The common terminals will always be connected to a hot wire, either from the source or on the light fixture. These connections can be reversed if it’s more convenient, as long as one of the 3 way common terminals connects to the hot source and the other one connects to the hot on the load, these circuits will work properly.
If your switches stop working they may be worn out or the screws may have come loose. If you’ve wired a new switch correctly and the circuit still doesn’t work, the switch may be defective. Check that all connections are tight. Check the switch, remove it from the circuit and test for failure with a continuity tester or multimeter set on the Ohms setting.
Here a receptacle outlet is controlled with a single-pole switch. This is commonly used to turn a table lamp on and off when entering a room. In this diagram, 2-conductor cable runs between SW1 and the outlet. The source is at SW1 and the hot wire is connected to the bottom terminal there. The top terminal is connected to the black cable wire running to the hot terminal on the receptacle and the source neutral is spliced with the white cable wire which runs on to the neutral on the receptacle.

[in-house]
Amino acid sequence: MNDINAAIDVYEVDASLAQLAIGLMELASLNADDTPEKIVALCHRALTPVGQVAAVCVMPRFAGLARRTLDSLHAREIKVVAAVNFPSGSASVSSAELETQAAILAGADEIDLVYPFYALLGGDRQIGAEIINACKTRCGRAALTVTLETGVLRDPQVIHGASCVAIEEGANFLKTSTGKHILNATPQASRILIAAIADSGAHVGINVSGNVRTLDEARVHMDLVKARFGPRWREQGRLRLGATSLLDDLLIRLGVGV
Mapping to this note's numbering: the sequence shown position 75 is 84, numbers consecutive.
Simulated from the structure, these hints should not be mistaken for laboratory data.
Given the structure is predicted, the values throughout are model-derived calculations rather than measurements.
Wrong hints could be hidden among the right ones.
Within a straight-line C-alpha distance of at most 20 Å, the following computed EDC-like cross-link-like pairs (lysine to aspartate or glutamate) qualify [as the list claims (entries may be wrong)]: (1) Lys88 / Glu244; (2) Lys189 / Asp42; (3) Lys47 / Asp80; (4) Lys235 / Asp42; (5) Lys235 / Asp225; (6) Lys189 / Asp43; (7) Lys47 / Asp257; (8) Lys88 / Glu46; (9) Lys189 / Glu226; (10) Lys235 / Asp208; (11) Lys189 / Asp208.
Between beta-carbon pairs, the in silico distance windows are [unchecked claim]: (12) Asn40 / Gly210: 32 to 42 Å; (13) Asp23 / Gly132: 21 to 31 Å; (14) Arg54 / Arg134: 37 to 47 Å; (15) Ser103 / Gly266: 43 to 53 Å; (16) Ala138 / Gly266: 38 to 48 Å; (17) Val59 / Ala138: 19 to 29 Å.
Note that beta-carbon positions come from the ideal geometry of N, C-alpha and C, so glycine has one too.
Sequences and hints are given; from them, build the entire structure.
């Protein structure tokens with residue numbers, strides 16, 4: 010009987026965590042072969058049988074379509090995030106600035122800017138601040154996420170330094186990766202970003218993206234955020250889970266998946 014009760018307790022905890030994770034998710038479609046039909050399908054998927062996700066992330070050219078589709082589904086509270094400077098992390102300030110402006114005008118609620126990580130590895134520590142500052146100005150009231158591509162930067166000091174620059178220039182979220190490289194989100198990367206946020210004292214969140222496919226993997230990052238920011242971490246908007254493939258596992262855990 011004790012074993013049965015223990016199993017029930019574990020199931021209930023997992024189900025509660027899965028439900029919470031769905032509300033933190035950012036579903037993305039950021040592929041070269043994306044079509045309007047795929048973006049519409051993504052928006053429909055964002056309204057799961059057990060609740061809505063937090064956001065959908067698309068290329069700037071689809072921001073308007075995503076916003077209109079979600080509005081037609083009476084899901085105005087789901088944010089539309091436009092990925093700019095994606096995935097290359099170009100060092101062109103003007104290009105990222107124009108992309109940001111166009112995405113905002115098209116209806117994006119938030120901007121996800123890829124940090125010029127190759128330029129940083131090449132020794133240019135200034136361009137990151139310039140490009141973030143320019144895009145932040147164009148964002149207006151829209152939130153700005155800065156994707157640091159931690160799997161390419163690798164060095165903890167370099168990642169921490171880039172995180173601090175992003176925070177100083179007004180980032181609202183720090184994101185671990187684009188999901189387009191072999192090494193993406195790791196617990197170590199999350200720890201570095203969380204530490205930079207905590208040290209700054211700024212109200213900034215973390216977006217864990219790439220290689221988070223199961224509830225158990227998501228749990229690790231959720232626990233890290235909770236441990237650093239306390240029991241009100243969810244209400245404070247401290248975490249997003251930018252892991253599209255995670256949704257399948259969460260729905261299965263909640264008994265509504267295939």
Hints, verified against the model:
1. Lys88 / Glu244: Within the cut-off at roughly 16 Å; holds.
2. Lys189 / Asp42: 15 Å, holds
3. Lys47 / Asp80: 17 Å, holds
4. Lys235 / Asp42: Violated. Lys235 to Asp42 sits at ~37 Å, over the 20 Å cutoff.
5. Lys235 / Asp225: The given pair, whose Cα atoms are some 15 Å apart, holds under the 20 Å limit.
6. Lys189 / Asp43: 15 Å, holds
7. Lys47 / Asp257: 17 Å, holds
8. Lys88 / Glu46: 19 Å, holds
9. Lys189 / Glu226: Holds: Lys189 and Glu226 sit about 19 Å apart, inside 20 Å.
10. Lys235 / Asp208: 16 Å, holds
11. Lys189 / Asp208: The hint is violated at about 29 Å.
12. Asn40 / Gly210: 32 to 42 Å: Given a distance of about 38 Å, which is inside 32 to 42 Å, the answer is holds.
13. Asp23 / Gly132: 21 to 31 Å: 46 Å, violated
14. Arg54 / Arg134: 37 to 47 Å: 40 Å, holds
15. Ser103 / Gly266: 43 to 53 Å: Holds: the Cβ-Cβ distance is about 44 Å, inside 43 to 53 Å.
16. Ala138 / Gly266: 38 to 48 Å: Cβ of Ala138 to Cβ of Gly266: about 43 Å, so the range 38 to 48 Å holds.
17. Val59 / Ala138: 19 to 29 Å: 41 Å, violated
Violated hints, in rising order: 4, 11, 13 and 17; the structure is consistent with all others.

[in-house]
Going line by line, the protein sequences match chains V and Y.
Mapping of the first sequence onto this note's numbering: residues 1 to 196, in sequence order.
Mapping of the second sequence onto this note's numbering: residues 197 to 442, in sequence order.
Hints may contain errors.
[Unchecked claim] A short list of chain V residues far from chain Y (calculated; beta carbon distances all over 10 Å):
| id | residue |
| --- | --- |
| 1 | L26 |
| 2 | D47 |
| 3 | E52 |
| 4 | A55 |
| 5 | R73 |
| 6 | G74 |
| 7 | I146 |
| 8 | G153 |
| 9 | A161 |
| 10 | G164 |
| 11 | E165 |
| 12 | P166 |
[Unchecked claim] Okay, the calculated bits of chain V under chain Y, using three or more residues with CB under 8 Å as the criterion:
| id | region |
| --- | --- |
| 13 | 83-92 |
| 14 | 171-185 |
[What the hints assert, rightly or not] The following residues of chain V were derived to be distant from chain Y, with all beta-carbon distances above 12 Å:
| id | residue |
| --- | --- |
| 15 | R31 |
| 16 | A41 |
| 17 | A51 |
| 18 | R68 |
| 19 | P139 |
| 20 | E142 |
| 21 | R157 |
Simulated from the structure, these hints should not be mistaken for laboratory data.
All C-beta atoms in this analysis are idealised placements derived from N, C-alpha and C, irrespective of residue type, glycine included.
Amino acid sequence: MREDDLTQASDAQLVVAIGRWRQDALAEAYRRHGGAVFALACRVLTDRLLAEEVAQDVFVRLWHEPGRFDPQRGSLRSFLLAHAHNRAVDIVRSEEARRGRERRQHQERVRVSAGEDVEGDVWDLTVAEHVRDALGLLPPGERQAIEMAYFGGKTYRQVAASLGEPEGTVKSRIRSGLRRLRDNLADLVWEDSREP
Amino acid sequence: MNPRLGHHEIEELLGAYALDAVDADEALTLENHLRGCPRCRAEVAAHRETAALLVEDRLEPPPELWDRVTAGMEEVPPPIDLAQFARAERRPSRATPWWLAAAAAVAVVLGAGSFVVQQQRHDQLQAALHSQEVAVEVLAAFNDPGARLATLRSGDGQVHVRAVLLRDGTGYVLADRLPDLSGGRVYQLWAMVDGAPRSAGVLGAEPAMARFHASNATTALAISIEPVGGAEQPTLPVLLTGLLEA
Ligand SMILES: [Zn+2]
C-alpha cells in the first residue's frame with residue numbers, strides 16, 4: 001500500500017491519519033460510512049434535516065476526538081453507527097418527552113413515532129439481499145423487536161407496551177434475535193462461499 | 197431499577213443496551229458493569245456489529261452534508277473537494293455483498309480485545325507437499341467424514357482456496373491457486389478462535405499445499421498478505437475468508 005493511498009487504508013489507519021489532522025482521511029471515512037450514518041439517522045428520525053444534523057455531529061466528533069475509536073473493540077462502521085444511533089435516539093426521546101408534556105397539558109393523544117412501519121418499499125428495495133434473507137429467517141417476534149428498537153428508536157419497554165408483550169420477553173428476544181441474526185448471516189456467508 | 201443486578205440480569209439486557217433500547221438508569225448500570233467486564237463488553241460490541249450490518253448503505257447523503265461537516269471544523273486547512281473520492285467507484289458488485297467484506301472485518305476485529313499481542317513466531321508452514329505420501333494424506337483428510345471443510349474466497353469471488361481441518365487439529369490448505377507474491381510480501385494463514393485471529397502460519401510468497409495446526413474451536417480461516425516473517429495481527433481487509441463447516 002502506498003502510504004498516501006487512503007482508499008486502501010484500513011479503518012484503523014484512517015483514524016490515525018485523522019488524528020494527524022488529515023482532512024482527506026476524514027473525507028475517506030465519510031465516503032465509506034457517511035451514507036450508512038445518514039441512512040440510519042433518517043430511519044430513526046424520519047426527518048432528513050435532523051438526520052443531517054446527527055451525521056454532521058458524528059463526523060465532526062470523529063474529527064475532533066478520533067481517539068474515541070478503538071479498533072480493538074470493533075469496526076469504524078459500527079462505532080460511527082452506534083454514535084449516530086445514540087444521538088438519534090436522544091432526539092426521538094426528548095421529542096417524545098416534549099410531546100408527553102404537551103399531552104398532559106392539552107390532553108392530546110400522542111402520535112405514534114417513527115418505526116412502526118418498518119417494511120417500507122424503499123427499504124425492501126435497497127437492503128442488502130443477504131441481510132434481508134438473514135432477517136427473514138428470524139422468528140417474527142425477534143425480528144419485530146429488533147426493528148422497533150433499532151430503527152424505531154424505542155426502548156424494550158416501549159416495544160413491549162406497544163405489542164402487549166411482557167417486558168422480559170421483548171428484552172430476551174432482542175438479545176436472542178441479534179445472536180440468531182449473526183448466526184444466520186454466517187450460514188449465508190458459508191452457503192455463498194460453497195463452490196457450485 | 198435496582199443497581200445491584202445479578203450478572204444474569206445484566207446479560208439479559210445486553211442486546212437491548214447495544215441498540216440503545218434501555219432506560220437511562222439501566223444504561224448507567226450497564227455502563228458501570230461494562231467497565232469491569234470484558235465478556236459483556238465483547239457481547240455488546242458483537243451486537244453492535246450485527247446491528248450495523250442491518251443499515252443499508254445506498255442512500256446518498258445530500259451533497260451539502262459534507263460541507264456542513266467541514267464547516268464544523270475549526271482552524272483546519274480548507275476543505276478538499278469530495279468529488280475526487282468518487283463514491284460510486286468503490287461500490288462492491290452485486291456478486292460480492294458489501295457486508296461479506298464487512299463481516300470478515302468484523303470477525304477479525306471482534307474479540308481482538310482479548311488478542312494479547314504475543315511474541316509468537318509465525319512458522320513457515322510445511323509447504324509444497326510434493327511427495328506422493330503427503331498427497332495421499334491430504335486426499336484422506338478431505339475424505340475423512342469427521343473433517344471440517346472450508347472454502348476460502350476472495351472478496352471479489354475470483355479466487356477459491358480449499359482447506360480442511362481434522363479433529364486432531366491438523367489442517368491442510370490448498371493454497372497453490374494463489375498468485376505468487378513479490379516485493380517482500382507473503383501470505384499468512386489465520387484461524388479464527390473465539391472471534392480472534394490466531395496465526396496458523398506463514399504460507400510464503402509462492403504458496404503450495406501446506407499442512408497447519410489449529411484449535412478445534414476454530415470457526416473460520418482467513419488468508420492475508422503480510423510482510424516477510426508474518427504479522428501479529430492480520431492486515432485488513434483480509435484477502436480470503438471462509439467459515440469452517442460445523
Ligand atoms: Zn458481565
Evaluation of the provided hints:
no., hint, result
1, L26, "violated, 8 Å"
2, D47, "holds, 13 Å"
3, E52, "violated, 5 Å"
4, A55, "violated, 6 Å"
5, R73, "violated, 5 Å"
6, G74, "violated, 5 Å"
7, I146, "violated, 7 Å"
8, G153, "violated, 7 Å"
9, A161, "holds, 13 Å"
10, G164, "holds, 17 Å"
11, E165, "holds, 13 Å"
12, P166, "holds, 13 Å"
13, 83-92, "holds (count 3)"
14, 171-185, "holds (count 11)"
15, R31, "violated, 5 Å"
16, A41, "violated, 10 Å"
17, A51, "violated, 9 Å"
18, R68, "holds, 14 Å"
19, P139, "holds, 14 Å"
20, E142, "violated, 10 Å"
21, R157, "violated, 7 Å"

In this diagram the source is at SW1 and the hot is connected to the common terminal there. Three-wire cable runs between the switches and 2-wire cable runs from the dimmer to the light fixture. The travelers from SW1 run to T1 on the 4 way switch and from T2 to the traveler wires on the dimmer. The dimmer common wire is spliced to the hot terminal on the light.
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